Current students in the Department of Cognitive Sciences' Ph.D. program are eligible to apply for the joint program with the Department of Statistics. Ph.D. students interested in pursuing the joint program must notify the Graduate Director and receive approval to enroll in STATS 210 and either STATS 210B or STATS 211, which fulfills the quantitative requirement in the Ph.D. program.

ADMISSIONS

In the winter quarter of their first year, interested Ph.D. students must contact the Graduate Director to indicate interest in applying for the joint M.S./Ph.D. program. The application consists of:
 
  • A copy of the original application to the Department of Cognitive Sciences’ Ph.D. program, including transcripts, GRE scores, and letters of recommendation.
     
  • A letter from the Cognitive Sciences Department Chair recommending the student for the joint program in Statistics/Cognitive Sciences.
     
  • A letter of approval from the School of Social Sciences’ Associate Dean for Research and Graduate Studies.
     

The Department of Statistics reviews the application in spring quarter to determine whether the student is adequately prepared for the M.S. in Statistics component.

Upon admission into the joint program, the student is expected to pass a comprehensive exam covering the material in either STATS 210-STATS 211-STATS 212 or STATS 210-STATS 210B-STATS 210C, following the spring quarter. In the fall of the second year, the student enrolls as an M.S. in Statistics student through the Department of Statistics and completes the remaining coursework and comprehensive exam. During this year, the student continues to receive financial support from the School of Social Sciences, as outlined in the original admissions letter.

After successfully completing one year in the Statistics program, the student will enroll in the Cognitive Sciences Ph.D. program in year three, and complete the normal requirements for the Ph.D.

REQUIREMENTS (COURSEWORK) FOR THE M.S. IN STATISTICS

A. Complete the following:

STATS 200A-200B-200C Intermediate Probability & Statistical Theory
STATS 210B Statistical Methods II: Categorical Data1
STATS 210C Statistical Methods III: Longitudinal Data1
STATS 210 Statistical Methods I: Linear Models
STATS 205 Introduction to Bayesian Data Analysis

B. Complete three quarters of STATS 280

C. Select two elective graduate courses offered by the Department of Statistics2

D. Select three electives from the Ph.D. program in Cognitive Sciences. The three electives must be selected from the following two areas3:

Computational Methods

COGS 205B Computational Lab Skills for Cognitive Scientists I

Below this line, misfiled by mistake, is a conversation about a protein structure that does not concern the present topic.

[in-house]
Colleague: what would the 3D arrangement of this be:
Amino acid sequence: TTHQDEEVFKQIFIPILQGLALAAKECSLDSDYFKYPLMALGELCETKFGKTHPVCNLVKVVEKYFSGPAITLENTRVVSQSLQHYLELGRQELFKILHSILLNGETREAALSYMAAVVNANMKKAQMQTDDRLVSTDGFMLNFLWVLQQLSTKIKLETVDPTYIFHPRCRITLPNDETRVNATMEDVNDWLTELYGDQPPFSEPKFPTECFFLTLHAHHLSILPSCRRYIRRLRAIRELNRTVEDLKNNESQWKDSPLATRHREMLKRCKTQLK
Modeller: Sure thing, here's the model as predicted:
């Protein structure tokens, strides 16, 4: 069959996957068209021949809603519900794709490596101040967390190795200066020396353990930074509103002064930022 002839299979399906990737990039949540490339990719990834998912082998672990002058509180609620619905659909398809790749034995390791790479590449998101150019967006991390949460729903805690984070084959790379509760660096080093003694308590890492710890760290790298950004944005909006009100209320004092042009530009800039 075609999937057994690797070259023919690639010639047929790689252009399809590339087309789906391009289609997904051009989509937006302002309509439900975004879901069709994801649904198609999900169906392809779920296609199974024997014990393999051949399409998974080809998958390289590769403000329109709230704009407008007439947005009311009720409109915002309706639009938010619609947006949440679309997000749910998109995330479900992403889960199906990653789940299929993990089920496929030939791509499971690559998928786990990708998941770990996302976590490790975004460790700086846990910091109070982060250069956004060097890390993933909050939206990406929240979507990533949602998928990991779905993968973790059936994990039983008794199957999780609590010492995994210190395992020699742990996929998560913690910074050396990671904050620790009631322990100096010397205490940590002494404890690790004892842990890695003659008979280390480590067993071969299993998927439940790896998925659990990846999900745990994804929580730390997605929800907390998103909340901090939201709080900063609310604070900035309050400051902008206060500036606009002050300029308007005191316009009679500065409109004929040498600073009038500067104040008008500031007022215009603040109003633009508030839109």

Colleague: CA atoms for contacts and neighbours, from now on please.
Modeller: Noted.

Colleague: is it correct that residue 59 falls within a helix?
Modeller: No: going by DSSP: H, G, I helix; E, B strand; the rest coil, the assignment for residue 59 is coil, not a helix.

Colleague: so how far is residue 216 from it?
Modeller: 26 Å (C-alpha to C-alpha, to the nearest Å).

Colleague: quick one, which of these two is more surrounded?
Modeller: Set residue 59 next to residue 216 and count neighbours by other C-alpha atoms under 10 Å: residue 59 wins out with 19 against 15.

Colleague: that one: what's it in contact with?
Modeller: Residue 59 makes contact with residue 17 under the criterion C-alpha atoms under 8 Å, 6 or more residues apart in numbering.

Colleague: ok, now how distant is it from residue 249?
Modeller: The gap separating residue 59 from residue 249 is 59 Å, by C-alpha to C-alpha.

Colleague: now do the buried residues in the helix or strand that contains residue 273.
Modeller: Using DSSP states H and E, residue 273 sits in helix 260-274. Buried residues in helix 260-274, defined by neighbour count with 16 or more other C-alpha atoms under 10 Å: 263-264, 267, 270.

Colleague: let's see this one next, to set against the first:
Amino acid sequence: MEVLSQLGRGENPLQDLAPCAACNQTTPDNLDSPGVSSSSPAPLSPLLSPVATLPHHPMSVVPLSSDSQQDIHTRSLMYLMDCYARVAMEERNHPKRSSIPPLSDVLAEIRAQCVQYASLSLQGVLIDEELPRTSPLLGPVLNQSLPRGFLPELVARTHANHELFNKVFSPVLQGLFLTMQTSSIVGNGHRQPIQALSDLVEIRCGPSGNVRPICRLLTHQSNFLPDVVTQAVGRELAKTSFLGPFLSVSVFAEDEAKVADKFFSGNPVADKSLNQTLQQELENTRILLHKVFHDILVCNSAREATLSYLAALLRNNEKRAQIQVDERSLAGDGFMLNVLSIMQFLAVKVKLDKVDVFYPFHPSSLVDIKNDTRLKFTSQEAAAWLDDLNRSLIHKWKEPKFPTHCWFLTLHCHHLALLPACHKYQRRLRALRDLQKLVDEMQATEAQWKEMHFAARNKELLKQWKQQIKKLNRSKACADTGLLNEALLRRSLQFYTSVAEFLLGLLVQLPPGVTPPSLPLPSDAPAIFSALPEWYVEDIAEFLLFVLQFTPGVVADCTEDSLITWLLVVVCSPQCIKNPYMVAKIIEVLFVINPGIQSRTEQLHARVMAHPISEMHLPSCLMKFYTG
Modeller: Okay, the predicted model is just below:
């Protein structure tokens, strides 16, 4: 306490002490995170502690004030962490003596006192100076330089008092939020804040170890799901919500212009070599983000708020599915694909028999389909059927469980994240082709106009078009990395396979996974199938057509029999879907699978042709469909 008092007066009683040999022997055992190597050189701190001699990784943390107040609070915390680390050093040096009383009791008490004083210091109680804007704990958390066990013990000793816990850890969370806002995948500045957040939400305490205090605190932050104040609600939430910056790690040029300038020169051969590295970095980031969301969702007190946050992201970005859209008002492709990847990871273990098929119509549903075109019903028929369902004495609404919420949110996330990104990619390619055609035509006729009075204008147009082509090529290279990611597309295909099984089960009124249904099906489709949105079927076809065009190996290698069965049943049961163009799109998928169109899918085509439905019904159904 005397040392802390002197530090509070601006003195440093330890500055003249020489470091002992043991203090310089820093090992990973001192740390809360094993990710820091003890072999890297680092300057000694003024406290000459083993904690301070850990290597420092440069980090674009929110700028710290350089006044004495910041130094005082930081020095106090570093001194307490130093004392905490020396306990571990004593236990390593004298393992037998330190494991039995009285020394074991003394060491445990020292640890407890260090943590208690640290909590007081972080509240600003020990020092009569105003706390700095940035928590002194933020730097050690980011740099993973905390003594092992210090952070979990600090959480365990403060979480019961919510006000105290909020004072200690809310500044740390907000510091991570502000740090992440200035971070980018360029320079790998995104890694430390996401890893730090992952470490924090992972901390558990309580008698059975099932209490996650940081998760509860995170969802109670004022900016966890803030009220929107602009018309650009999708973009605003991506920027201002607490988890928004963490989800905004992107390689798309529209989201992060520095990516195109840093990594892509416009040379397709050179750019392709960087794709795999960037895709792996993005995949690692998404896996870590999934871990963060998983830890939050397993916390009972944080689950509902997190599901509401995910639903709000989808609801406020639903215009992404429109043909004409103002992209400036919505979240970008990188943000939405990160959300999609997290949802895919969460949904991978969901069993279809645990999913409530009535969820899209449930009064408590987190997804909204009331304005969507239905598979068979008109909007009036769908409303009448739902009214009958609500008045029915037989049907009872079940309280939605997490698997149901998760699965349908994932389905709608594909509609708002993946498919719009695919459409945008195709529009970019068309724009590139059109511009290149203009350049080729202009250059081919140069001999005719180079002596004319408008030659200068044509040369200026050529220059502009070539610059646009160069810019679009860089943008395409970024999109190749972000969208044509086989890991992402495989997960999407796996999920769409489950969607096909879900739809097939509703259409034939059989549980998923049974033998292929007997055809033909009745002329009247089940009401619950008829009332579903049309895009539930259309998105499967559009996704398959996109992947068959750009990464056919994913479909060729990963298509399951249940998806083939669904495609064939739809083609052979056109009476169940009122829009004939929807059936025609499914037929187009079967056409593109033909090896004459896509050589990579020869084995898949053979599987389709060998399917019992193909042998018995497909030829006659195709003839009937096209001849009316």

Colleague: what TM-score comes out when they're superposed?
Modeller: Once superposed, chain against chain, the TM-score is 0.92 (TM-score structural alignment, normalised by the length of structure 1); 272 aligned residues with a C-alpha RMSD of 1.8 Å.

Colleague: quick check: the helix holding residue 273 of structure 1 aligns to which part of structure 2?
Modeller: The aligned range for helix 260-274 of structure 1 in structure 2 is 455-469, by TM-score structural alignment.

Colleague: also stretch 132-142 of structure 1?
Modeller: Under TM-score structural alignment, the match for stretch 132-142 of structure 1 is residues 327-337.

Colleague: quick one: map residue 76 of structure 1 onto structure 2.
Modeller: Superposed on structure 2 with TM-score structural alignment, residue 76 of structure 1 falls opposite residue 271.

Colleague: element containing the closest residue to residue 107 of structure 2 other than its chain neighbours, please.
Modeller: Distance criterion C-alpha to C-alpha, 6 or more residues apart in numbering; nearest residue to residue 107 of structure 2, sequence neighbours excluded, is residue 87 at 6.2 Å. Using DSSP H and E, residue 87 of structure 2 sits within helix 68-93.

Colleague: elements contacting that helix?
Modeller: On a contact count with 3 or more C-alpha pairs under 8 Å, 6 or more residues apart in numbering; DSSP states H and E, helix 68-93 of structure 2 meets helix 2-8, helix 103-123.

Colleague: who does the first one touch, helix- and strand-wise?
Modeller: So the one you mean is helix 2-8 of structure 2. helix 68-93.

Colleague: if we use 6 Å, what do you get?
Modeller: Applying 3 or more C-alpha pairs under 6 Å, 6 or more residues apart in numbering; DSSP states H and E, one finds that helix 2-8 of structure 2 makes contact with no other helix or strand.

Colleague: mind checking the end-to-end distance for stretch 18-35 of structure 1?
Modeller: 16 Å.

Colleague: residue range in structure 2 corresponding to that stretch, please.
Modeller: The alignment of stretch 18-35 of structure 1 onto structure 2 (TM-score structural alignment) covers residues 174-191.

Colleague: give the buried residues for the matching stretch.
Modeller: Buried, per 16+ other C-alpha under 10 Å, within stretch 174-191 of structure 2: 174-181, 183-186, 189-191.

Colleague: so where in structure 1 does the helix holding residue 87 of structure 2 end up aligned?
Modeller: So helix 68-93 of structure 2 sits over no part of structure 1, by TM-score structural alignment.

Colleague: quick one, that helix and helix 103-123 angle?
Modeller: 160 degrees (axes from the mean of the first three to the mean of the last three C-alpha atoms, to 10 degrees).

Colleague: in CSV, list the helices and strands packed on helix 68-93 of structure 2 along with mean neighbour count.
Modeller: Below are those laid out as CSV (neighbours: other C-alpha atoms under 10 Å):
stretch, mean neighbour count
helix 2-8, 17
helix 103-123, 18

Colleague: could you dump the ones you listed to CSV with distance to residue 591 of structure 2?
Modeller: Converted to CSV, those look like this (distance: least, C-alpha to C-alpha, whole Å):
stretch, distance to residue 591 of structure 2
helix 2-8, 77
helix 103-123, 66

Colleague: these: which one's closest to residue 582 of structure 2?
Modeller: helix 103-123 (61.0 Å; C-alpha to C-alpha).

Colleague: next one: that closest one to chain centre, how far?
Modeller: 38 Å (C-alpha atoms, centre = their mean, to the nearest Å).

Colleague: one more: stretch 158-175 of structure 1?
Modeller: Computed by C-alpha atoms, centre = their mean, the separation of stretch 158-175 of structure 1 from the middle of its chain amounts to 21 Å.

COGS 205C Computational Lab Skills for Cognitive Scientists II
COGS 205D Neural Networks and Machine Learning
COGS 214 Bayesian Cognitive Modeling
COGS 237 Advanced Bayesian Cognitive Modeling

Neuroscience Methods

COGS 265 Introduction to Functional MRI
COGS 268A Computational Neuroscience

1 STATS 211 and STATS 212 may be substituted for STATS 210B and STATS 210C.

2 At most, one of the two electives courses may be STATS 299, and only with prior approval from the Department's Graduate Committee.

3 These three courses fulfill requirements for both programs.

The entire program of courses must be approved by the Statistics Department Graduate Committee. Students with previous graduate training in statistics may petition the Committee to substitute other courses for a subset of the required courses. Students are required to pass a written comprehensive examination ordinarily at the end of the first year covering the material in either STATS 210 and STATS 210B-STATS 210C, or STATS 210, STATS 211, and STATS 212. At the end of the second year, the student must pass a written comprehensive examination covering the material from STATS 200A-STATS 200B-STATS 200C. Note that no course may be taken to fulfill more than one requirement within this program.

REQUIREMENTS (COURSEWORK) FOR THE PH.D. IN COGNITIVE SCIENCES

Students must complete nine (9) courses distributed as follows:

Two (2) Cognitive and Brain Sciences Core Courses: COGS 210A, 210B, 210C
One (1) of the following: COGS 205B, 205C, 214
Two (2) Cognitive Science Core Courses: PSYCH 211-219 module
Two (2) Technical Electives: COGS 205B, 205C, 214, 237, 265, 268A
Four (4) Electives: Open (At least two from Cognitive Sciences)

Many of these course require familiarity with computer programming, which can be obtained by taking COGS 205A.

Sciences Research Seminar COGS 201A-COGS 201B-COGS 201C during all quarters in residence prior to passage of the advancement to candidacy examination. During the fall of the first year in the program, students must enroll in COGS 202A. Note that no course may be used to fulfill more than one requirement in the program.